University of Texas Medical Branch at Galveston researchers have discovered a key biochemical link in the process by which the Ebola Zaire virus infects cells — a critical step to finding a way to treat the deadly disease produced by the virus.
Ebola produces severe and often fatal hemorrhagic fever in its victims and inflicts mortality rates close to 90 percent in some outbreaks. No vaccine or antiviral therapy has been developed against the virus, and it is considered a high-risk agent for bioterrorism. In addition, recent devastating outbreaks hit in Uganda in 2008 and the Democratic Republic of the Congo in 2007.
The UTMB group tied Ebola's cellular invasion mechanism to a series of biochemical reactions called the phophoinositide-3 kinase pathway (named for an enzyme found in the cell membrane). By activating the PI3 kinase pathway, they found, an Ebola virus particle tricks the cell into drawing it into a bubble-like compartment known as an endosome, which is pulled, together with the virus, into the cell. Then – at a critical point — the virus bursts free from the endosome and begins to reproduce itself.
However, if the PI3 kinase pathway is shut down — as the UTMB team did with a drug designed for that purpose — Ebola virus particles can't escape from the endosome, and the disease process comes to a halt.
"The nice part about identifying entry mechanisms is you can prevent the virus from infecting the cell," said UTMB microbiology and immunology associate professor Robert Davey, senior author of a paper on the investigation appearing online in the current issue of the journal PloS Pathogens. "You can stop the whole show before it even gets started."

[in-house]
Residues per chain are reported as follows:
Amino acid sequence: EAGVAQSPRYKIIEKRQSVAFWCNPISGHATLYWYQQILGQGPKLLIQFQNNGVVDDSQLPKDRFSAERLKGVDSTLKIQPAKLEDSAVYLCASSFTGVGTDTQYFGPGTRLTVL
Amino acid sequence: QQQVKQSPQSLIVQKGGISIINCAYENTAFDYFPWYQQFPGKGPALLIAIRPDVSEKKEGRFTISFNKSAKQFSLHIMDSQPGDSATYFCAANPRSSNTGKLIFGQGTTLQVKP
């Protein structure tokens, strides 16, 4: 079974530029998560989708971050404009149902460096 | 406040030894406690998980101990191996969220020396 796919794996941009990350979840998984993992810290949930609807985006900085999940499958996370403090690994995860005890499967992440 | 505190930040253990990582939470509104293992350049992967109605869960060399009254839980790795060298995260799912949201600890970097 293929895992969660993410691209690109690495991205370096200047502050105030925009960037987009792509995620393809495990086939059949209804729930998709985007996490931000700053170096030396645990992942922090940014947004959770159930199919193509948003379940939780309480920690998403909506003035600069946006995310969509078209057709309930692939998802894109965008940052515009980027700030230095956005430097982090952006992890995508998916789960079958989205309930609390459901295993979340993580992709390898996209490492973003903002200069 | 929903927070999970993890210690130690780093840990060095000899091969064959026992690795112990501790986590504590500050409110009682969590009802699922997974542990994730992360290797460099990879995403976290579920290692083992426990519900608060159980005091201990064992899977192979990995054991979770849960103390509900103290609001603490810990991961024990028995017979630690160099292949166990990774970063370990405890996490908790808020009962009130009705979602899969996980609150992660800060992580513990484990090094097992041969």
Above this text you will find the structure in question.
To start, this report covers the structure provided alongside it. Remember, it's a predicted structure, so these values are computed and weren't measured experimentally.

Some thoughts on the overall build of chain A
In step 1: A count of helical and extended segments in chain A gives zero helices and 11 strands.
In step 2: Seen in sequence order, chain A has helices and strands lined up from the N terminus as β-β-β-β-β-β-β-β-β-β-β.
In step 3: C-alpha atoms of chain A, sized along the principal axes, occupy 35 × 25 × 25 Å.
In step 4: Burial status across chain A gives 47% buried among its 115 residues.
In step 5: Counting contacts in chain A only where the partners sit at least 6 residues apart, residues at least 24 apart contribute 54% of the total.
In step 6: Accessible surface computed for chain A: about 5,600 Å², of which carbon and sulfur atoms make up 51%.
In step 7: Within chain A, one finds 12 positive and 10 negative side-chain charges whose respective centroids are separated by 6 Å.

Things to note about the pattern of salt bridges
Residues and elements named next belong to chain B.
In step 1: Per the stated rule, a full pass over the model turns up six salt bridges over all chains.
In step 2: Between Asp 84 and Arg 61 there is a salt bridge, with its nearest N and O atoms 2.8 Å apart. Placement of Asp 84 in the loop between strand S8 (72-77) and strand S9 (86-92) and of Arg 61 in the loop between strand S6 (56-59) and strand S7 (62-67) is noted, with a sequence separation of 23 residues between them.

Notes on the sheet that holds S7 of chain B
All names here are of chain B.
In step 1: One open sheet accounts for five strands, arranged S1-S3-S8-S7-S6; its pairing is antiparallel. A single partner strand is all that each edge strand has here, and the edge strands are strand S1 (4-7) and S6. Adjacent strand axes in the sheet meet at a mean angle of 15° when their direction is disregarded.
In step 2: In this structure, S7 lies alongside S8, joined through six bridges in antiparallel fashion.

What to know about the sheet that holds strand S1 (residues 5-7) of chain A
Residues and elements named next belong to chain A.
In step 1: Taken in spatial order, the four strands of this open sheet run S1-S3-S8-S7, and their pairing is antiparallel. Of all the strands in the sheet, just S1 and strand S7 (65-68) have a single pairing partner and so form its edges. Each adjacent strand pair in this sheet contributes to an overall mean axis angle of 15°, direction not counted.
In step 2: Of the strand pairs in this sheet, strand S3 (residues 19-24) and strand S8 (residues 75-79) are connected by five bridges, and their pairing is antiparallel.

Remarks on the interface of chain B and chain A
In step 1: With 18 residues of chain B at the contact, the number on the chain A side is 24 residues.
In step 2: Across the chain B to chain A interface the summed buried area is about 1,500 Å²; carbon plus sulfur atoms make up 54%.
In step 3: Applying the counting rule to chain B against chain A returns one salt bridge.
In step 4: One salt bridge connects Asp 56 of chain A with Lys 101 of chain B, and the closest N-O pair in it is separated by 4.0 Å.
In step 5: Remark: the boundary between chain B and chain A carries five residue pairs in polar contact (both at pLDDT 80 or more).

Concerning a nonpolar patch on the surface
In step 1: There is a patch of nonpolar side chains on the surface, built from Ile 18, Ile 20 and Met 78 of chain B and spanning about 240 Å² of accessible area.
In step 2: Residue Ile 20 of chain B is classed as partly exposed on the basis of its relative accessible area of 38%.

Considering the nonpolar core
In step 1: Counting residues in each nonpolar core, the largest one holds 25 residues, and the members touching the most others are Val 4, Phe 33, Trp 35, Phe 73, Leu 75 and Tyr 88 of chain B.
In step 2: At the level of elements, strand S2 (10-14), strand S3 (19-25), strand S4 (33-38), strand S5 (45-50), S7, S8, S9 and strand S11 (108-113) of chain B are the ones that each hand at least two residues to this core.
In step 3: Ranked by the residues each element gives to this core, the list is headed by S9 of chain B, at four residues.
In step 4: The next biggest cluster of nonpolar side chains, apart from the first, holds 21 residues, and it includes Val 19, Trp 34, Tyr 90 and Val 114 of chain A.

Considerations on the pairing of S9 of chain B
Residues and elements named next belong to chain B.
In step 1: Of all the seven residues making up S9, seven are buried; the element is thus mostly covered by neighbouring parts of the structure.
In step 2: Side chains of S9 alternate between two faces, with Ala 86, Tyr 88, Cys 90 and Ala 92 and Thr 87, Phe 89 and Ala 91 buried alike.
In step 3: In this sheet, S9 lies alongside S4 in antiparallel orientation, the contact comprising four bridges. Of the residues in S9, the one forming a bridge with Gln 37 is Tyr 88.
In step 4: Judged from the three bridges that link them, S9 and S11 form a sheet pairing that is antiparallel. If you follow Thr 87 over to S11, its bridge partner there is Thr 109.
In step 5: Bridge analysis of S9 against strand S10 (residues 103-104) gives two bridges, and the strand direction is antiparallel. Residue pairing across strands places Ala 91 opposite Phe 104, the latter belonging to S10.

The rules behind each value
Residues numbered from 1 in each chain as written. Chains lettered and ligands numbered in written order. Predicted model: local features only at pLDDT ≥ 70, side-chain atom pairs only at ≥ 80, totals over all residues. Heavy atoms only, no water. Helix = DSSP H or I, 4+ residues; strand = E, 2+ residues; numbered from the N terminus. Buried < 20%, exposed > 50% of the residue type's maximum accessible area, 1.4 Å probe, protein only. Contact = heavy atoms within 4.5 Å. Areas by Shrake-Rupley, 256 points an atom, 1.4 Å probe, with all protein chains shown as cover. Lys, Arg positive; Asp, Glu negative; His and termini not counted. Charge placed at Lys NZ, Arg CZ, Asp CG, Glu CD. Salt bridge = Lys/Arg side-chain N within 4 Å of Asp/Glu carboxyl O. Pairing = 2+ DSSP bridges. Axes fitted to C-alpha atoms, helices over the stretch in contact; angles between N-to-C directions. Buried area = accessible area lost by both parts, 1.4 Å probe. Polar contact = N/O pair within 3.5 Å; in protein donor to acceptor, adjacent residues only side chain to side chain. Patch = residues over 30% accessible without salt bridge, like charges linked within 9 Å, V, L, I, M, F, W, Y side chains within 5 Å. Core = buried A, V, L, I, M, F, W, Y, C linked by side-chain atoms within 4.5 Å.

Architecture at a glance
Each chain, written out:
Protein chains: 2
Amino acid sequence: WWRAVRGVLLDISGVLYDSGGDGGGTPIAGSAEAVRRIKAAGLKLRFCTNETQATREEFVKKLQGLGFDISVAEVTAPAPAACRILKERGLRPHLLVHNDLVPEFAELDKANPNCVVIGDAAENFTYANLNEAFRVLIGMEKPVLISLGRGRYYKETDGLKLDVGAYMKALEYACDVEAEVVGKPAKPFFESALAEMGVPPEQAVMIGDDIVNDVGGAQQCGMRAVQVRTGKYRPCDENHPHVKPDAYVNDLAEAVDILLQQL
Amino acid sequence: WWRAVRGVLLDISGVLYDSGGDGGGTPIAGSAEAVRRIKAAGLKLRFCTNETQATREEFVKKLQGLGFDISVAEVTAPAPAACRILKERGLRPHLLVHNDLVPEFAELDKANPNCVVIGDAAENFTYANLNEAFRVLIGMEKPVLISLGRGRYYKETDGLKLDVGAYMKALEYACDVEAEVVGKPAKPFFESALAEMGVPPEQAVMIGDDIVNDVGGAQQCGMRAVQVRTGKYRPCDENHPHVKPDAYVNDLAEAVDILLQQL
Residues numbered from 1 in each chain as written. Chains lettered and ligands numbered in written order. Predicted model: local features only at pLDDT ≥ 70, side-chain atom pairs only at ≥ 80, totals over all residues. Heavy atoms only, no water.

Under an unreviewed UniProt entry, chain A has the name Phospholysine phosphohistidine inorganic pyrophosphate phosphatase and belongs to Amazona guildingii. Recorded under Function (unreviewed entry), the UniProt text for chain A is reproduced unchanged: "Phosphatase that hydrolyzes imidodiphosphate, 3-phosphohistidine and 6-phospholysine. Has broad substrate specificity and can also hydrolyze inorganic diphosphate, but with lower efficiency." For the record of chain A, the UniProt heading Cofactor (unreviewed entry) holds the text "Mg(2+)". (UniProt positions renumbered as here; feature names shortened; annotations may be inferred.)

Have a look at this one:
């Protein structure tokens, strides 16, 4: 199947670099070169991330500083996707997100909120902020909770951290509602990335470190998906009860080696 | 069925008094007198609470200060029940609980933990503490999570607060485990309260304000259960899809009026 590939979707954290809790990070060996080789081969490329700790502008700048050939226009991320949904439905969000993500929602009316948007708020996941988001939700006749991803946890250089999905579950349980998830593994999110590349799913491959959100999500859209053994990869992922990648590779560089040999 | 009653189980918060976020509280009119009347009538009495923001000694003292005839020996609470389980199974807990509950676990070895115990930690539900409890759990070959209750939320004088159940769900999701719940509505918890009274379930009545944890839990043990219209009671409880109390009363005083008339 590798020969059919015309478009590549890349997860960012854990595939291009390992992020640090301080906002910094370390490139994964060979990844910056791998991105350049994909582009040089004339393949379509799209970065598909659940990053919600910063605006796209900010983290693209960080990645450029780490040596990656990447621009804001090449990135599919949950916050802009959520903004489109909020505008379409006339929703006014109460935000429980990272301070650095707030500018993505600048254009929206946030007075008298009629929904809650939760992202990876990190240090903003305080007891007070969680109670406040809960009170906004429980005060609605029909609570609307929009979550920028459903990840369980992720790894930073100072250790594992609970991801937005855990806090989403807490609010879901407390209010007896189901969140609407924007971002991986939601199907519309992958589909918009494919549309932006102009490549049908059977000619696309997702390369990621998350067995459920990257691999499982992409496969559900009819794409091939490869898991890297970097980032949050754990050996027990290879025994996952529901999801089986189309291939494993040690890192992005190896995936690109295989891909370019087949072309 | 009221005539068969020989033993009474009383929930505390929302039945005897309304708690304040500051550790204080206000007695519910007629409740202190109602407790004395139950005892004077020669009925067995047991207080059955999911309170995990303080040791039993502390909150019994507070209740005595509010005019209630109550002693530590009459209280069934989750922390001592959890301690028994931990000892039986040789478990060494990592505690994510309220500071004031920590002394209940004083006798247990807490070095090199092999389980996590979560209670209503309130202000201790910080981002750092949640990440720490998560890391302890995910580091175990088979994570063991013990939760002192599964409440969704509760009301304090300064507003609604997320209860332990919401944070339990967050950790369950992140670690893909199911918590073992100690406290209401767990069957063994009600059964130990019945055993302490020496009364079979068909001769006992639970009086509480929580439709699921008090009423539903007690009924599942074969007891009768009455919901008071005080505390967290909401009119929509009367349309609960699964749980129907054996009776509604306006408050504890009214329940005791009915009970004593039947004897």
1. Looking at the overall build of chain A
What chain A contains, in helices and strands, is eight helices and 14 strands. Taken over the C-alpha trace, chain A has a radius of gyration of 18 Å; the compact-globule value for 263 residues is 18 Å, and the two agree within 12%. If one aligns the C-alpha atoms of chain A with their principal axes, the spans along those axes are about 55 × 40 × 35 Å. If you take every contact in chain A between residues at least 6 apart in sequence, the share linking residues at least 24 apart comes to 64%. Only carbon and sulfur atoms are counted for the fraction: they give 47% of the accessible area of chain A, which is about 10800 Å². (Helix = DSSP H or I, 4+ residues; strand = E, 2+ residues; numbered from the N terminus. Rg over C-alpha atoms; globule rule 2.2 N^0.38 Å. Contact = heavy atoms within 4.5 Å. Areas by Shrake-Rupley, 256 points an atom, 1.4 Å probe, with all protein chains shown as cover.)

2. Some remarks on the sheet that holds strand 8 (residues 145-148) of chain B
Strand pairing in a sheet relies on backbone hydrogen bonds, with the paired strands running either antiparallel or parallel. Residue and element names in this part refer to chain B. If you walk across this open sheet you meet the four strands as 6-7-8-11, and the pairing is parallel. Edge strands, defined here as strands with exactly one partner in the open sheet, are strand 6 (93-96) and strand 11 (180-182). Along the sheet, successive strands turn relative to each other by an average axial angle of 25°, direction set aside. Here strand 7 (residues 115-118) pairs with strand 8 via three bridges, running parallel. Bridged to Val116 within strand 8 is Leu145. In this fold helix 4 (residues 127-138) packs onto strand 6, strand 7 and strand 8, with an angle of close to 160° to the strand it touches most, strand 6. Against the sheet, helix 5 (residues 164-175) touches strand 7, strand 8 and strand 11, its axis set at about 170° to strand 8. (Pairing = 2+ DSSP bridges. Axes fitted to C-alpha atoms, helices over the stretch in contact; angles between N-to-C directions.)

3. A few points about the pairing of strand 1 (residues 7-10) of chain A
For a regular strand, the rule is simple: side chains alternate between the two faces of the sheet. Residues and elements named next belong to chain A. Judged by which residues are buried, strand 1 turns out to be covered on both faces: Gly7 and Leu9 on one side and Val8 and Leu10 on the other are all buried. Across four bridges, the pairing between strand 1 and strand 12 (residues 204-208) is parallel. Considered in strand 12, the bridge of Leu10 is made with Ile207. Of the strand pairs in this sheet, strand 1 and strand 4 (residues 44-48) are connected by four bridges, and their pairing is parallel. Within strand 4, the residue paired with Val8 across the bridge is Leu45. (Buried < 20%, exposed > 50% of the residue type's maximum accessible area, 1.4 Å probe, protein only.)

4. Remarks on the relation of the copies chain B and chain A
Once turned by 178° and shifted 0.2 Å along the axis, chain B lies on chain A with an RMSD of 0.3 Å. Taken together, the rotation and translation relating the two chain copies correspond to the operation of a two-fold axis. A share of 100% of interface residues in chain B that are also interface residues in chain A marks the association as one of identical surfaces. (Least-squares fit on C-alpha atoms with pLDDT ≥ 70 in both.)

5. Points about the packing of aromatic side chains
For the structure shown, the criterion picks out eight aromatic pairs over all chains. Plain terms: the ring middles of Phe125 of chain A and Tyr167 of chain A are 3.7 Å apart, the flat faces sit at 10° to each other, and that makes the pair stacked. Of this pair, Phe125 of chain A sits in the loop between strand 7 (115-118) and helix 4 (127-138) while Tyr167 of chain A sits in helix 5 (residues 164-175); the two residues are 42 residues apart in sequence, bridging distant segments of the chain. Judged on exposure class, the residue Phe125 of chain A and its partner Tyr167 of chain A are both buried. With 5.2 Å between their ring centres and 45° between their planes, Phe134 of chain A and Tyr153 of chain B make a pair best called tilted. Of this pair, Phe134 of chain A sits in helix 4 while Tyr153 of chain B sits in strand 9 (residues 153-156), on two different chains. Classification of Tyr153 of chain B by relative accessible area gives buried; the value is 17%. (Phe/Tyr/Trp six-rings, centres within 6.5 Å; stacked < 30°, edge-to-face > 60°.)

The researchers did some of their work using the Ebola Zaire virus itself, working in UTMB's Robert E. Shope, MD, Biosafety Level 4 laboratory to ensure their safety. They also conducted experiments using harmless, hollow, virus-like particles coated with the critical envelope proteins that activate the PI3 kinase pathway.
Using a unique test created at UTMB that adds a light-emitting molecular beacon, called luciferase, to Ebola viruses and the virus-like particles, the investigators were able to determine exactly when and where each broke out of its bubble, and track its progress.
"Up to that point, it's really a bus ride for these viruses, and PI3 kinase is the bus driver," Davey said. "Whether you're talking about Ebola or Ebola virus-like particles, they've all got the virus envelope proteins that trigger the PI3 kinase pathway, which is the first step of getting the virus onto that bus."
Davey noted that while other viruses had been found that activated the PI3 kinase pathway, Ebola was the first with envelope proteins that had been seen doing so. In addition, he said, it was the first virus to be discovered interacting with the PI3 kinase pathway in order to enter cells, which could have profound implications.
"It's actually triggering the reorganizing of the cell for its own devious outcomes — infecting the cell," Davey said. "But there are other possible outcomes of fiddling around with the PI3 kinase. You can get the cell to move, you can get it to live longer, all advantages for a virus. So I'm sure that this is going to be important in other viruses."